JOSEPH CATTIN PINOT GRIS 2012
VINTAGES – LCBO Product #196956 | 750 mL bottle
Price $ 16.95
13% Alcohol/Vol.
Sugar Content Descriptor: D

Made in: Alsace, France
By: Cattin Freres
Release Date: August 30, 2014

Tasting Note
As is more typical with this wine style in an Alsatian version, it’s richer than its
Italian cousins with aroma and flavour notes of stone fruit, accented by hints of
almond and honey. Try serving this with a broad range of vegetable-based dishes,
pasta and cream sauces, or as an apéritif with foie-gras.

Pinot Gris Alert

Here in Baden, in the south-western region of Germany across the border from
Alsace, both Pinot Blanc and Noir grapes are grown on the verdant slopes of an
ancient Vulkanfelsen (volcano) that was bestowed in the early 13th century with
the auspicious moniker: Kaiserstuhl (the Kaiser’s throne). Among many other
surprising attributes of soil and climate, this remarkable region also plays host
to Europe’s largest variety of Orchids, wild Grape Hyacinths and Iris’s!

As for the current range of German wine exports, the industry is still working to
overcome associations by north American consumers – that they only produce
various types of Riesling, particularly, sweeter versions. Gradually, with the help
of Pinot Gris (here also locally known as Rulander or Grauburgunder), the broad
diversification of wine styles being released from the cool cellars of this week’s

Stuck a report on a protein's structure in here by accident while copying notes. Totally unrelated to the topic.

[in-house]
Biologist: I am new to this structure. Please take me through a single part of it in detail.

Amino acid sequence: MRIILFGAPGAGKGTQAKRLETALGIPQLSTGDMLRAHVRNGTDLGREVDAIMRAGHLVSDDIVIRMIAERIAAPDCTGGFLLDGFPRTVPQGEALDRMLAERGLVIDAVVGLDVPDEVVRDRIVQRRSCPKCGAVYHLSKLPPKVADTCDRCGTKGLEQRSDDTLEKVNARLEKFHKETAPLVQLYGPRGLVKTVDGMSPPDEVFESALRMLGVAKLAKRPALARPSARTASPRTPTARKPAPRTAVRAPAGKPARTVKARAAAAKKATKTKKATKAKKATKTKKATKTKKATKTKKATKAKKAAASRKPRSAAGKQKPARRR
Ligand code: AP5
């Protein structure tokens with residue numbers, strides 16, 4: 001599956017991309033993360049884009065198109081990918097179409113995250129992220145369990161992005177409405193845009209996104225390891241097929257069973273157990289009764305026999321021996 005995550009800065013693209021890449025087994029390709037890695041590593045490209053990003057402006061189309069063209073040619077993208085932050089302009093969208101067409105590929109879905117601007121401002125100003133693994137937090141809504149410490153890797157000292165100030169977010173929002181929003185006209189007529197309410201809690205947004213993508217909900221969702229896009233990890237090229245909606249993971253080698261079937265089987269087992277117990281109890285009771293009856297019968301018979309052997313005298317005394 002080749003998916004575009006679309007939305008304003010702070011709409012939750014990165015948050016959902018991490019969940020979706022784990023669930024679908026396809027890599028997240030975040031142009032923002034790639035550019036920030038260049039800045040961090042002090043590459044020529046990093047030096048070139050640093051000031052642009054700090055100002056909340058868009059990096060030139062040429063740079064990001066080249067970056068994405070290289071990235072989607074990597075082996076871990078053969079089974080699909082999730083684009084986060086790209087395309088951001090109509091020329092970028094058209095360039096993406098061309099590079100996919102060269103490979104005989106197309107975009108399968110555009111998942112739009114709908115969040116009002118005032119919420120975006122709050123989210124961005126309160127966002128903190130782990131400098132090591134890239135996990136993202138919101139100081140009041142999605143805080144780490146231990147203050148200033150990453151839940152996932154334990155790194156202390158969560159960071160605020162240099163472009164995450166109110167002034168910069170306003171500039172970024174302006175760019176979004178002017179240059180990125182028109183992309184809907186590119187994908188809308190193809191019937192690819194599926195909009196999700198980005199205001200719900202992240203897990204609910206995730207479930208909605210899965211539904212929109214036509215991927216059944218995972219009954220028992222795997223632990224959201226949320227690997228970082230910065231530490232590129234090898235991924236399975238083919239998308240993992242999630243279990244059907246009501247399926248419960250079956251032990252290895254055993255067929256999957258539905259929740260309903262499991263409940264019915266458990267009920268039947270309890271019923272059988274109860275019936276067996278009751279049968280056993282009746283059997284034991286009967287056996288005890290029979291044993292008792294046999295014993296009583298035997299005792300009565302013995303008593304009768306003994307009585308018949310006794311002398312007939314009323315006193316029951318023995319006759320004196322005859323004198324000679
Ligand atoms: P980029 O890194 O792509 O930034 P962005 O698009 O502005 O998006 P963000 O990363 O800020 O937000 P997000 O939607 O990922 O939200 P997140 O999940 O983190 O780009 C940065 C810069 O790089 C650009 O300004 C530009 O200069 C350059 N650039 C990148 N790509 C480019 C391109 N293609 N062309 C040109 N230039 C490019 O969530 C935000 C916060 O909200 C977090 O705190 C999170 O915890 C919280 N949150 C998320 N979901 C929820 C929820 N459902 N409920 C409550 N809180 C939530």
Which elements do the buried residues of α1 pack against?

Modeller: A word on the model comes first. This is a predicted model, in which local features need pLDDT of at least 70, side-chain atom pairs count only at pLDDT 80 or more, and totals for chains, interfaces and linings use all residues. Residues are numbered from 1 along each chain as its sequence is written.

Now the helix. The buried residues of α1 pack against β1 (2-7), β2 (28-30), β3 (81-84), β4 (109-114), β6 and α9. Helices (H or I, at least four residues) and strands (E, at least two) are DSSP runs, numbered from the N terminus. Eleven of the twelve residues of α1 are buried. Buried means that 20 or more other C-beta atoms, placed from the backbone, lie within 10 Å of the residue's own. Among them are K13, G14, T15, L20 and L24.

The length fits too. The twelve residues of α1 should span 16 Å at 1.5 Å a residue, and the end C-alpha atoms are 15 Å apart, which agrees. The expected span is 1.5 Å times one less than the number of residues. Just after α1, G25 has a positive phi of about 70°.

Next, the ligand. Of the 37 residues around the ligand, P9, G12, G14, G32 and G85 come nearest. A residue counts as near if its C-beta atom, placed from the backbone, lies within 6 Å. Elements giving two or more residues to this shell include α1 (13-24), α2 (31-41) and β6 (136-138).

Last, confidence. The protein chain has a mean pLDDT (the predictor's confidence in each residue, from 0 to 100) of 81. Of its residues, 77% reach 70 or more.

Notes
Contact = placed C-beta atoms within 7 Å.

DéClassé recommended vintner Königschaffhausen, as well as, from nearby
vineyards of Baden – is tempering and expanding this outdated impression.

Dry, silky, elegant and loads of depth – by comparison, this week’s bottling shows
a level of quality and character that puts most star whites such as Soave, Grigio
or Sauvignon to shame for their lack of distinction. Just released to Vintages,
this week’s recommendation is on many ‘best of the month’ lists, so will require
some Olympian sprinting to get to the shelves before it’s gone until next year. If
you are a white wine lover, don’t hesitate to buy half a case. If you’re among the
pack of intransigent red wine lovers – then only buy 3 so you have something
truly interesting to offer your white wine-loving friends!

Konigschaffhausener Vulkanfelsen

KÖNIGSCHAFFHAUSEN VULKANFELSEN TROCKEN PINOT GRIS 2012
VINTAGES – LCBO Product #597500 | 750 mL bottle
Price $ 15.95
13.0% Alcohol/Vol.
Sugar Content Descriptor: D

Made in: Baden, Germany
By: W.G. Koenigschaffhausen Eg
Release Date: May 10, 2014

Tasting Note
Delicate floral aromas as well as pear and stone fruits. This dry, mid-weight white
is a fabulous value to serve with cheeses, roast chicken or smoked fish.